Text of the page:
Antonio Ray Harvey, Bo Tefu & Tanu Henry | California Black Media
“The hard truth,” Gov. Newsom said in an April 20 statement, “is that if George Floyd looked like me, he’d still be alive today.” Newsom made the remark after a Hennepin County jury found Minneapolis police officer Derek Chauvin, 45, guilty in the murder of George Floyd.
The jury convicted Chauvin on two counts of murder, homicide and one of manslaughter, for pinning his knee on the neck of Floyd for nine minutes and 29 seconds on May 25, 2020.
The California governor joined other Golden State officials to speak out about the verdict and the enduring problems of police violence against unarmed citizens, particularly African American suspects.
“No conviction can repair the harm done to George Floyd and his family, but today’s verdict provides some accountability as we work to root out the racial injustice that haunts our society,” the governor continued. “We must continue the work of fighting systemic racism and excessive use of force. It’s why I signed some of the nation’s most progressive police reform legislation into law. I will continue working with community leaders across the state to hear concerns and support peaceful expression.”
Sen. Steve Bradford (D-Gardena), chair of the California Legislative Black Caucus, took to Twitter to comment on the verdict.
“I’m overwhelmed to tears over this verdict: Guilty. #GeorgeFloyd did not have to die that day. His family is still healing from this trauma. We must continue to fight for justice in this country, for all of us,” he tweeted.
Earlier in the day, the California Legislative Black Caucus held a press conference to address police brutality and lethal force by peace officers in California and across the country.
“There may be calls about a crisis. There may be calls about an emergency, but they are not calls intended to initiate death. They are not calls for lethal force. They are calls for issuing de-escalation and resolution.” said Sen. Sydney Kamlager (D-Los Angeles).
Kamlager, along with her colleagues – including Assemblymember Mike Gipson, who Assembly Speaker Anthony Rendon (D-Lakewood) appointed Chair of the Select Committee on Police Reform – for the briefing. They called on their peers to pass the C.R.I.S.I.S. Act, or Assembly Bill (AB) 2054, legislation that proposes that communities rely on social worker be relied on to intervene in some public safety incidents instead of police officers.
The bill was first introduced last year, but it died in committee.
California Secretary of State Dr. Shirley Weber was also attended the CLBC press conference.
“You know it’s really hard after 410 years in this country to continue to raise the same issues over and over again,” Dr. Weber said. “When I look and begin to analyze it, I realize that all we’re asking is to have what everybody else has…to be treated fairly. To be treated as a human being. To be treated just.”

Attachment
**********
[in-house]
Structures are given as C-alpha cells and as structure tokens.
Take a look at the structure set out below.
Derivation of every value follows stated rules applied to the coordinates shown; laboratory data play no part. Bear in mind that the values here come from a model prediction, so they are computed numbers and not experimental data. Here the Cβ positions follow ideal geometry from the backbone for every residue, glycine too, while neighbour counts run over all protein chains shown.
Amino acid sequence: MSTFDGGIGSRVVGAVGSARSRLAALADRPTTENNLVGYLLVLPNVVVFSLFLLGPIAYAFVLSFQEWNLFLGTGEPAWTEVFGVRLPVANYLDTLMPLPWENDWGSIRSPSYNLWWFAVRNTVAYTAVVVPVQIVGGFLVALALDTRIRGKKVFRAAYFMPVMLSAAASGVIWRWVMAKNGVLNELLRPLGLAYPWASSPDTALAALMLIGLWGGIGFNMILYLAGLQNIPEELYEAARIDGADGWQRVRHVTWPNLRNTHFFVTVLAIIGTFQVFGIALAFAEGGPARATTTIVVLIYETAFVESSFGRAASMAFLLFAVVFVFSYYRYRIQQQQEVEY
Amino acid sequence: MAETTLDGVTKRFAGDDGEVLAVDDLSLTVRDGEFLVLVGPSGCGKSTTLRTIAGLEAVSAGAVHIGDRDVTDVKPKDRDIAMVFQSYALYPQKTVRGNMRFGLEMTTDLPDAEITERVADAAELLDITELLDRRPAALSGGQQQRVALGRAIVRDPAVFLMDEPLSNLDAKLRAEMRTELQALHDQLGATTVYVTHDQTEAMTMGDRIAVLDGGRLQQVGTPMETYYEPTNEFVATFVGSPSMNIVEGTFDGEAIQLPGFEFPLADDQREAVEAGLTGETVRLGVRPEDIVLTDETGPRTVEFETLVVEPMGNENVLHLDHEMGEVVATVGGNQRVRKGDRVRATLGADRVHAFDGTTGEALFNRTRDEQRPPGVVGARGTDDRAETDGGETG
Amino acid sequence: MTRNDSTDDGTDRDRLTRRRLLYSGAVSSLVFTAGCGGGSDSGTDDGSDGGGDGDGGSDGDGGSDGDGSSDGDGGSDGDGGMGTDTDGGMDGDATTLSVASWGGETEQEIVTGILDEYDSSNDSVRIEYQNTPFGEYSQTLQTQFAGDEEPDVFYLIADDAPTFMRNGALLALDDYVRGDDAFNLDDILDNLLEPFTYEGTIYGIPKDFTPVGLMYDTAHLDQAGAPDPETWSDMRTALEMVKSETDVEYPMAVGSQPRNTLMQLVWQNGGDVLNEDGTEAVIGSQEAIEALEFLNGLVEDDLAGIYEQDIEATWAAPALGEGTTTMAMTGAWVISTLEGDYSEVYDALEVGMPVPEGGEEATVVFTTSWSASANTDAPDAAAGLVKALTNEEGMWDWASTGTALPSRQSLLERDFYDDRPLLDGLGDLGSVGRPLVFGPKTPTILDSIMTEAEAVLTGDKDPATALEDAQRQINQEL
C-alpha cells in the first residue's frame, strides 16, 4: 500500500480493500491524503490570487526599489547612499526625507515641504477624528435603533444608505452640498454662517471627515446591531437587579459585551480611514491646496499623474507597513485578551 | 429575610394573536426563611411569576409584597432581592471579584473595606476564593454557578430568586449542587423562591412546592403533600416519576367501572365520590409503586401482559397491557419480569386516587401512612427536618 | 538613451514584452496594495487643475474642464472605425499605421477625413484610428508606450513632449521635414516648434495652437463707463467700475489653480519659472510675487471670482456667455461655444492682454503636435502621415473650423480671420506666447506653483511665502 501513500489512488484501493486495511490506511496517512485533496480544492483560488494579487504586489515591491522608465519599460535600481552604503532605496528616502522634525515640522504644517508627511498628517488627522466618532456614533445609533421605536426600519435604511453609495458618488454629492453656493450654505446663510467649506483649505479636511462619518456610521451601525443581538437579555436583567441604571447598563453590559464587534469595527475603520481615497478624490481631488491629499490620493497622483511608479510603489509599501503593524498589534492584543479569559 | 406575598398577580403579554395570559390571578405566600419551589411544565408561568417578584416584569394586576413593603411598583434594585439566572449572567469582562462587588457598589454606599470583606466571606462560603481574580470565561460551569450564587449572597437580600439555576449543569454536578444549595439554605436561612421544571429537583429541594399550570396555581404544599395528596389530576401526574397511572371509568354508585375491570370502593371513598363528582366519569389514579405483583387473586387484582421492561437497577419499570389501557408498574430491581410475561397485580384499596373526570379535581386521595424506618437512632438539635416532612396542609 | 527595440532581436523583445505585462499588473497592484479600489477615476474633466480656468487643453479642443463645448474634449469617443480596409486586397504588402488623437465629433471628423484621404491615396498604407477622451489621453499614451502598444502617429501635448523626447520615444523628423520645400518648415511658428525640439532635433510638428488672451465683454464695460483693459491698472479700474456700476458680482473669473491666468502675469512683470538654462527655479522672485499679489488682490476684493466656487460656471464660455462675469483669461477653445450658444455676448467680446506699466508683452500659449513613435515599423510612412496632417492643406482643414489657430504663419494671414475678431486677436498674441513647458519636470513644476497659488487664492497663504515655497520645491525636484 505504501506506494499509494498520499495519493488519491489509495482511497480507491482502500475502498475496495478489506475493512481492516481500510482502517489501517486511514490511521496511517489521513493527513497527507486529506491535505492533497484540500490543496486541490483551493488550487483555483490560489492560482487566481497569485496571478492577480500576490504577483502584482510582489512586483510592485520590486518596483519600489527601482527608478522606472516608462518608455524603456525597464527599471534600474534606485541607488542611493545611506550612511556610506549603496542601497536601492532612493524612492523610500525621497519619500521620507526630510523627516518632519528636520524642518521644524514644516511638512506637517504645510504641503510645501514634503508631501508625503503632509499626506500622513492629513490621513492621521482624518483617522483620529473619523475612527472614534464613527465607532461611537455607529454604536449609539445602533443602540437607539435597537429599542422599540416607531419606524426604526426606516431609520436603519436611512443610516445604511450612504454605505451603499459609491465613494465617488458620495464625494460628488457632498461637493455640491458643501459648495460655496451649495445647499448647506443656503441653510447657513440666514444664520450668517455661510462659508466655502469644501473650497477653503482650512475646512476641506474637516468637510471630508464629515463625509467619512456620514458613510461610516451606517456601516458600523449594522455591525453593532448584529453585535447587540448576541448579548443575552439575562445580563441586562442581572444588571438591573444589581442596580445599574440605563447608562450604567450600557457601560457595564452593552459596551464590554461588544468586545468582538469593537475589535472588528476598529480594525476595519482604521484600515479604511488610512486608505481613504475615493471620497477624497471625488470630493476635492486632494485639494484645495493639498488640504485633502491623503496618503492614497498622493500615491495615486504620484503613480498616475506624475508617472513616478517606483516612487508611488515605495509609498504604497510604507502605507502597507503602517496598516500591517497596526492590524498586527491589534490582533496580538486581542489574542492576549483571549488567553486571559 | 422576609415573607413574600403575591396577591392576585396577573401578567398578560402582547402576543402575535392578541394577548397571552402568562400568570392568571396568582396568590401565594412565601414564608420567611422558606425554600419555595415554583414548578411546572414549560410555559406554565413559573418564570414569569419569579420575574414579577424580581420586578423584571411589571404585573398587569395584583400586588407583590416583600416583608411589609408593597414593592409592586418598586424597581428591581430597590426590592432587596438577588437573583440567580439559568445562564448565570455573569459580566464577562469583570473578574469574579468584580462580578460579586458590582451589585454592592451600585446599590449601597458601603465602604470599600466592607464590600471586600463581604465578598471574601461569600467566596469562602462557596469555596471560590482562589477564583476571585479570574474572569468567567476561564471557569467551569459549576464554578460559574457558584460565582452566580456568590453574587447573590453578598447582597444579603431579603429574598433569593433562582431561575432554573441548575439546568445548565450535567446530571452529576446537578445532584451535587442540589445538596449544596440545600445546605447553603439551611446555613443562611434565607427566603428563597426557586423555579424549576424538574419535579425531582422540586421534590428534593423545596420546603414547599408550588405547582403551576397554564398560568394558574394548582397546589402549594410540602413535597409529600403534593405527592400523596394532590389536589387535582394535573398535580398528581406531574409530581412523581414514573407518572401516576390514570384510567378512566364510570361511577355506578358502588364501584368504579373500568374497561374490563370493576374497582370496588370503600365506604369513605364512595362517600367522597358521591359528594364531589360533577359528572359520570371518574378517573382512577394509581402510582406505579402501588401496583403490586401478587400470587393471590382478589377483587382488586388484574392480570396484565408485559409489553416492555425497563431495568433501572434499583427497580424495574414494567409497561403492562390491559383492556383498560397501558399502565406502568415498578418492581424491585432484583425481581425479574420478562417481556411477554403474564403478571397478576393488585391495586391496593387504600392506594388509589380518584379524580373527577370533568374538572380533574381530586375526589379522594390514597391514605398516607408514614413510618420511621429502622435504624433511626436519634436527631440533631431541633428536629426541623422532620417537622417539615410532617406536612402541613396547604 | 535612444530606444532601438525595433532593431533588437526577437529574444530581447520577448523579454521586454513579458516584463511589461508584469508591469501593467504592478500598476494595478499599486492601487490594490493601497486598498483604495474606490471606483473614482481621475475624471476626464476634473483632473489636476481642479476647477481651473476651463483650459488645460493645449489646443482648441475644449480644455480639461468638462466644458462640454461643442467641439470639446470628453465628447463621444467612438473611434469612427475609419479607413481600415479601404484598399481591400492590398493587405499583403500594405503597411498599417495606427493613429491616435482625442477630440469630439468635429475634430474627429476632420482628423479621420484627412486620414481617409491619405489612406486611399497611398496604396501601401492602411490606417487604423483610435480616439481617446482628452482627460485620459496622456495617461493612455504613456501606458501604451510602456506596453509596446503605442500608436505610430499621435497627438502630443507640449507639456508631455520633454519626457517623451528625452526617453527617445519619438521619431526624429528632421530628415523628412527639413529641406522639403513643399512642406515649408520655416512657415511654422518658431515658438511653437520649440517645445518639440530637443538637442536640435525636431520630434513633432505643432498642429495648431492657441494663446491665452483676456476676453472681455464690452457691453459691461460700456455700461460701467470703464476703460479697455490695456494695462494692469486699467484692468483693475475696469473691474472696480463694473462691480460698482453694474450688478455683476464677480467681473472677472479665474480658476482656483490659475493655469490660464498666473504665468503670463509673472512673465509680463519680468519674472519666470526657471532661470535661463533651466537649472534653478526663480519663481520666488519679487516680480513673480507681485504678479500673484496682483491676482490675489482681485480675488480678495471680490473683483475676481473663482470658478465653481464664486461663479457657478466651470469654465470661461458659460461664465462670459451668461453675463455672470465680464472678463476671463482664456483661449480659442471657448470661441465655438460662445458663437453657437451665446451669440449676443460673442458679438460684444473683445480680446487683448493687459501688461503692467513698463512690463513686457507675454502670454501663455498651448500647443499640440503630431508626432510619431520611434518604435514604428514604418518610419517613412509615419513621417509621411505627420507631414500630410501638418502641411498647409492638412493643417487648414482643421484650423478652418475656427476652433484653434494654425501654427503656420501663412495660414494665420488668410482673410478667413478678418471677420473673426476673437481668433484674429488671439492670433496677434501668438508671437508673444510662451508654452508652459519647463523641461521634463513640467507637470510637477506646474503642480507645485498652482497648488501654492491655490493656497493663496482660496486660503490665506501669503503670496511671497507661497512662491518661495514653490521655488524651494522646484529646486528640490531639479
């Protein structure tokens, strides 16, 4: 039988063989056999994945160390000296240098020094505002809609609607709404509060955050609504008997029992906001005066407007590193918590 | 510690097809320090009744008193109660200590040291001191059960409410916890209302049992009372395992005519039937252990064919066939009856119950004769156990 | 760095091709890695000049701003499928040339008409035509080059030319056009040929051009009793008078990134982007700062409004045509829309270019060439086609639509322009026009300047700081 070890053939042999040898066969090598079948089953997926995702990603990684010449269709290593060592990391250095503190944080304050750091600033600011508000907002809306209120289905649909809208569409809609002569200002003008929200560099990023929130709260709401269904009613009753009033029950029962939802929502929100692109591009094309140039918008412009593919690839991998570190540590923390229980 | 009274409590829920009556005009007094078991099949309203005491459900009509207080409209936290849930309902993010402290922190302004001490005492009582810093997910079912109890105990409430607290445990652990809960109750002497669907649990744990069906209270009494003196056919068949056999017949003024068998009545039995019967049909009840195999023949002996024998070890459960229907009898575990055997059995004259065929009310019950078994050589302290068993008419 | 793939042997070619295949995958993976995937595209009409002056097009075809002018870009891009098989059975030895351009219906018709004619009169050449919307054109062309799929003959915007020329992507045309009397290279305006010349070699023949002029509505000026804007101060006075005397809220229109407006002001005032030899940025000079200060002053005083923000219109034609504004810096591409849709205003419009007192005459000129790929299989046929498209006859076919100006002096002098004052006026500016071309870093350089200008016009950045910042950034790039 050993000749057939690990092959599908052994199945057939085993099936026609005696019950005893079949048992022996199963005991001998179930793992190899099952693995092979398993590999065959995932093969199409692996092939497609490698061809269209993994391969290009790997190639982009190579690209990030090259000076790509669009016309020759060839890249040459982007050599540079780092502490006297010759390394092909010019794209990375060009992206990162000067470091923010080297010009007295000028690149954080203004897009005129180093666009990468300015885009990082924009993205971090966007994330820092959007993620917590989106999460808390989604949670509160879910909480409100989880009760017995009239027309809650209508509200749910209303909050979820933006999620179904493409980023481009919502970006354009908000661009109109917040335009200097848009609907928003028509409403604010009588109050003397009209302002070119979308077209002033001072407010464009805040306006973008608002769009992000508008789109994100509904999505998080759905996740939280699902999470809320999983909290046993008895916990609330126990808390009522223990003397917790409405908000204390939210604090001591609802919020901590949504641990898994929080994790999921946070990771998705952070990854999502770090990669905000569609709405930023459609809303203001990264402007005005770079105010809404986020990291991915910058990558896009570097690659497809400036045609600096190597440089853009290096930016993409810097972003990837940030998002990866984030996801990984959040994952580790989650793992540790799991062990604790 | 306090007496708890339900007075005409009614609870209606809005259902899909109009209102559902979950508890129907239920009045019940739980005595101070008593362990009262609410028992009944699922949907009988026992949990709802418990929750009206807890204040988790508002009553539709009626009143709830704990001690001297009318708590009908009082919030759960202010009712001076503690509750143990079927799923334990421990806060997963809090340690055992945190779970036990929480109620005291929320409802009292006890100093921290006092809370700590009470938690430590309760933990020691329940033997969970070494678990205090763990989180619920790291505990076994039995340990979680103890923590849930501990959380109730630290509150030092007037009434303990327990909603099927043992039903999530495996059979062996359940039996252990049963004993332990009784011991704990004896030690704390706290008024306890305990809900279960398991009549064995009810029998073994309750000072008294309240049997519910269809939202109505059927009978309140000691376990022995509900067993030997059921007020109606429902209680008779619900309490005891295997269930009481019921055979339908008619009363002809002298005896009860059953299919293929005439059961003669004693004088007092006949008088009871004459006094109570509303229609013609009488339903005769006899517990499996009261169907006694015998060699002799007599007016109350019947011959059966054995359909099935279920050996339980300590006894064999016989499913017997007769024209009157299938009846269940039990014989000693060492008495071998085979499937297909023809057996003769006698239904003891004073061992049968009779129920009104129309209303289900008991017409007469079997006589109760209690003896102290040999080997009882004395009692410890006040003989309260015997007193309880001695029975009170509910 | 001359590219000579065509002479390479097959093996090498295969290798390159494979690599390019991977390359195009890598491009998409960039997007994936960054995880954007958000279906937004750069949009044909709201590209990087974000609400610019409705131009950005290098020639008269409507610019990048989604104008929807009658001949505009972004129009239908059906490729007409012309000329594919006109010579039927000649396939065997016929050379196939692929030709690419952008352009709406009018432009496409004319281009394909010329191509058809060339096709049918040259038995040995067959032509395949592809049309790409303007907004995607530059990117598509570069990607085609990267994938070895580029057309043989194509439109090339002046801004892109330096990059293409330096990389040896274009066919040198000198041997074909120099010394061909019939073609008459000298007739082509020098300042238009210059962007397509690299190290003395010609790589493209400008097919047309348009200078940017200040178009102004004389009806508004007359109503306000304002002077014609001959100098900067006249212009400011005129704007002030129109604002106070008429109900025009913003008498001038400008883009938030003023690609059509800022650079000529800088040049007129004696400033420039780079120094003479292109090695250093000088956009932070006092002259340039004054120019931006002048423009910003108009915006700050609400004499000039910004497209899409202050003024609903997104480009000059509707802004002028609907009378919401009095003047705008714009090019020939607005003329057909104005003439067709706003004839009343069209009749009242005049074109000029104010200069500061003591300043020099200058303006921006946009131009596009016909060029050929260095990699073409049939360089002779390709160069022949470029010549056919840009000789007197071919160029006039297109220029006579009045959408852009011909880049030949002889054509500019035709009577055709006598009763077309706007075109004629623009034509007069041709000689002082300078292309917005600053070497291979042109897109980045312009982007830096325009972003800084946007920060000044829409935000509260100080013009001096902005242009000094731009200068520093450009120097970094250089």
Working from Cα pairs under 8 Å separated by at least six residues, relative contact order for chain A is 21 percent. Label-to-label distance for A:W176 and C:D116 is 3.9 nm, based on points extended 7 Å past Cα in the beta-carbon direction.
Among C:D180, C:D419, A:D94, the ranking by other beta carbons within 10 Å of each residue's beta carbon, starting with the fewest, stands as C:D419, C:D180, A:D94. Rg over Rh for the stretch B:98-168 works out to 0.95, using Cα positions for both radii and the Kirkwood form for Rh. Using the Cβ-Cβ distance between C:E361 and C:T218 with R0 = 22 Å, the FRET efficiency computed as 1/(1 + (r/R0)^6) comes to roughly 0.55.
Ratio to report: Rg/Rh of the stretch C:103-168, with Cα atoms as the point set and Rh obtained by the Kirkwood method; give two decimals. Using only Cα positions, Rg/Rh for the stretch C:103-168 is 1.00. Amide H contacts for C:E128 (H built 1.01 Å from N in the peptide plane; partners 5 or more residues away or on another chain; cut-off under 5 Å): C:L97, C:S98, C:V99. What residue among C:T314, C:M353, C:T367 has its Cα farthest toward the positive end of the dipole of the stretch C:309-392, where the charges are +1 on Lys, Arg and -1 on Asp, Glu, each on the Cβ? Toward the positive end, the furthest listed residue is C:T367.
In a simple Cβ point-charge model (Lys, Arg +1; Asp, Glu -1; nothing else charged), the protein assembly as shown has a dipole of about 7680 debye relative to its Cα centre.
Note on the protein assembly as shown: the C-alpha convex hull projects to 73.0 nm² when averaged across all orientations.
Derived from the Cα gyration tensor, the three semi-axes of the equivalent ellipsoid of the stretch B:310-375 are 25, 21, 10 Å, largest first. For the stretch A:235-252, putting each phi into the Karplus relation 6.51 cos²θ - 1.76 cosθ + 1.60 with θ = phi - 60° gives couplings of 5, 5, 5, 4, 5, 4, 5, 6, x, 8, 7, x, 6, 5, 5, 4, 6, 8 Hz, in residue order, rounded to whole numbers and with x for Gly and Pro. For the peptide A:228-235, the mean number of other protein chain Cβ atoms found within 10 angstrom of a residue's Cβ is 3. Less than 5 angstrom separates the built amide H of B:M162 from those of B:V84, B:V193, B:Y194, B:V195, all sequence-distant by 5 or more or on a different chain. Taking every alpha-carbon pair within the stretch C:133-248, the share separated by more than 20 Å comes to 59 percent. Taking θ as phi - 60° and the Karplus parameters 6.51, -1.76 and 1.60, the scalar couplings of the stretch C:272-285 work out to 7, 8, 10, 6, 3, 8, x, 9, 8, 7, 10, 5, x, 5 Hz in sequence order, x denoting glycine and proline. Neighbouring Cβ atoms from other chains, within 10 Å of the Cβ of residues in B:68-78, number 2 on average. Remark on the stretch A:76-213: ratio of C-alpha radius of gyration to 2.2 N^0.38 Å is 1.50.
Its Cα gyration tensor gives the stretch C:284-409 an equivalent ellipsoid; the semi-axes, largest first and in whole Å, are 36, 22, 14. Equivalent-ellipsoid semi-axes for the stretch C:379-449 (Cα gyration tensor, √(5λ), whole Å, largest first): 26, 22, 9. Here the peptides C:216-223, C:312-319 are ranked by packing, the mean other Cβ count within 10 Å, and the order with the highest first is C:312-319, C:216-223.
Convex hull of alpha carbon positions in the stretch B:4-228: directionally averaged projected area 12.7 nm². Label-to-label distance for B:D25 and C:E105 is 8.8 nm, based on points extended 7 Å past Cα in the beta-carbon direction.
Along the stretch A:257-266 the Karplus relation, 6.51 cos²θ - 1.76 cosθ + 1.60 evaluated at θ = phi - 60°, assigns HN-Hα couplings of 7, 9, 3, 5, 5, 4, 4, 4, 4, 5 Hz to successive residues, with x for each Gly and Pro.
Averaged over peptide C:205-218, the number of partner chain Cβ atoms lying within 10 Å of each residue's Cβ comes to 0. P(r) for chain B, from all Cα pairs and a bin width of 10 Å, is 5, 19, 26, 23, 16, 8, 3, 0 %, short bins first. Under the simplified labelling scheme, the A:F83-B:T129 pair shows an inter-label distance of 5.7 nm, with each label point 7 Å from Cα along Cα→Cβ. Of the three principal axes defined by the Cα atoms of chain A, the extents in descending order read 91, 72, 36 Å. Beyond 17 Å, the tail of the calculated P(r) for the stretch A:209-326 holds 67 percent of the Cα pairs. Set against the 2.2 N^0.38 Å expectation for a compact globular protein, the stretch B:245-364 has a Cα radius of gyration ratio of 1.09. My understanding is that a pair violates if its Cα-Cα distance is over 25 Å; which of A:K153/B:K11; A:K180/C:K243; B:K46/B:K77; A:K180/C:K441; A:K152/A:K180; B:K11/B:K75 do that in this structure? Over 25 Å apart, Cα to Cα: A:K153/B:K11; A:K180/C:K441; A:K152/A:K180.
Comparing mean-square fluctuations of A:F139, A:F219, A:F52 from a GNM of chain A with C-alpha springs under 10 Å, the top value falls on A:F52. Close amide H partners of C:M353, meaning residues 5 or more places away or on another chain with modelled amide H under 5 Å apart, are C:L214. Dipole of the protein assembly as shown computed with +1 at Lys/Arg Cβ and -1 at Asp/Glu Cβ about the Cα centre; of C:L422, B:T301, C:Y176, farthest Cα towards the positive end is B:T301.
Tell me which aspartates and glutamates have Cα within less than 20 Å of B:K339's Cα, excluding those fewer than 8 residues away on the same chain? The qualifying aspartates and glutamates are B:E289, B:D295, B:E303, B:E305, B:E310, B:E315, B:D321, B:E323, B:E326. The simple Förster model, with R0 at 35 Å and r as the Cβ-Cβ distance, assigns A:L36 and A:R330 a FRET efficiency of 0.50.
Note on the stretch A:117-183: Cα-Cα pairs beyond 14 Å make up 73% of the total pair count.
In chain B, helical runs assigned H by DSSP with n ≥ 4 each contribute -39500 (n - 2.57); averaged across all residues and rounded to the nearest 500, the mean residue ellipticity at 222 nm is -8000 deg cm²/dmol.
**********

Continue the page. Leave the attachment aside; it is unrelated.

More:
President of the NAACP California-Hawaii Conference, Rick L. Callender, said justice was served in the Chauvin case.
“It was very clear that our very right to breath was on trial,” Callender told California Black Media. “For too long African Americans have been subjected to the knee of injustice choking us out – in so many different ways. This verdict demonstrates that a badge is never a shield for accountability.”
Speaking from San Diego, Shane Harris, founder and president of the People’s Association of Justice, a national civil rights alliance that started in California, said the Floyd verdict represents a starting point for reimagining policing in America through federal legislation.
“The reality is that there is a Derek Chauvin in a police department near you and the question is whether our local, state and federal governments will step up to protect the next George Floyd from being killed in our country,” he said. Chauvin had multiple complaints against him during his career on the Minneapolis Police force, but the city and the department failed to act. We will not have an Attorney General like Keith Ellison in every state going forward to press for justice like he did which is why I call on the U.S. Senate to urgently bring the George Floyd Justice in Policing Act of 2021 to the Senate floor now, pass the legislation and send it to the President’s desk to sign immediately.”
After 12 hours of deliberations – as people across the country and around the globe waited in anticipation – for the jury returned with the verdict that held Chauvin responsible for second-degree unintentional murder, third-degree murder, and second-degree manslaughter.
The jury consisted of six Black or multiracial people along with six White individuals. Chauvin’s attorney requested bail, but the presiding judge revoked their proposal, and he was taken into custody.
Under Minnesota laws, Chauvin could get a sentence of up to 40 years in prison.
California Congresswoman and Speaker of the United States House of Representatives Nancy Pelosi (D-CA-12) drew some criticism on social media for a statement she made regarding the verdict. Her critics chided the Speaker for thanking Floyd for his “sacrifice,” a man who they point out was unwittingly murdered by a police officer.
Standing with members of the Congressional Black Caucus in front of the U.S. Capitol, Pelosi said, “Thank you George Floyd, for sacrificing your life for justice. Because of you and because of thousands, millions of people around the world who came out for justice, your name will always be synonymous with justice,” the Speaker said.
Photo by: Antonio Ray Harvey Assemblymember Mike Gipson (D-LA), Tecoy Porter, President of National Action Network Sacramento, Western Region, Sydney Kamlager (D-Los Angeles), vice-chair of the CLBC, Senator Steven Bradford (D-LA ), chair CLBC, Assemblymember Chris Holden ( D-Pasadena) Assemblymember Kevin McCarty ( D-Sacramento) and Secretary of State Shirley Weber.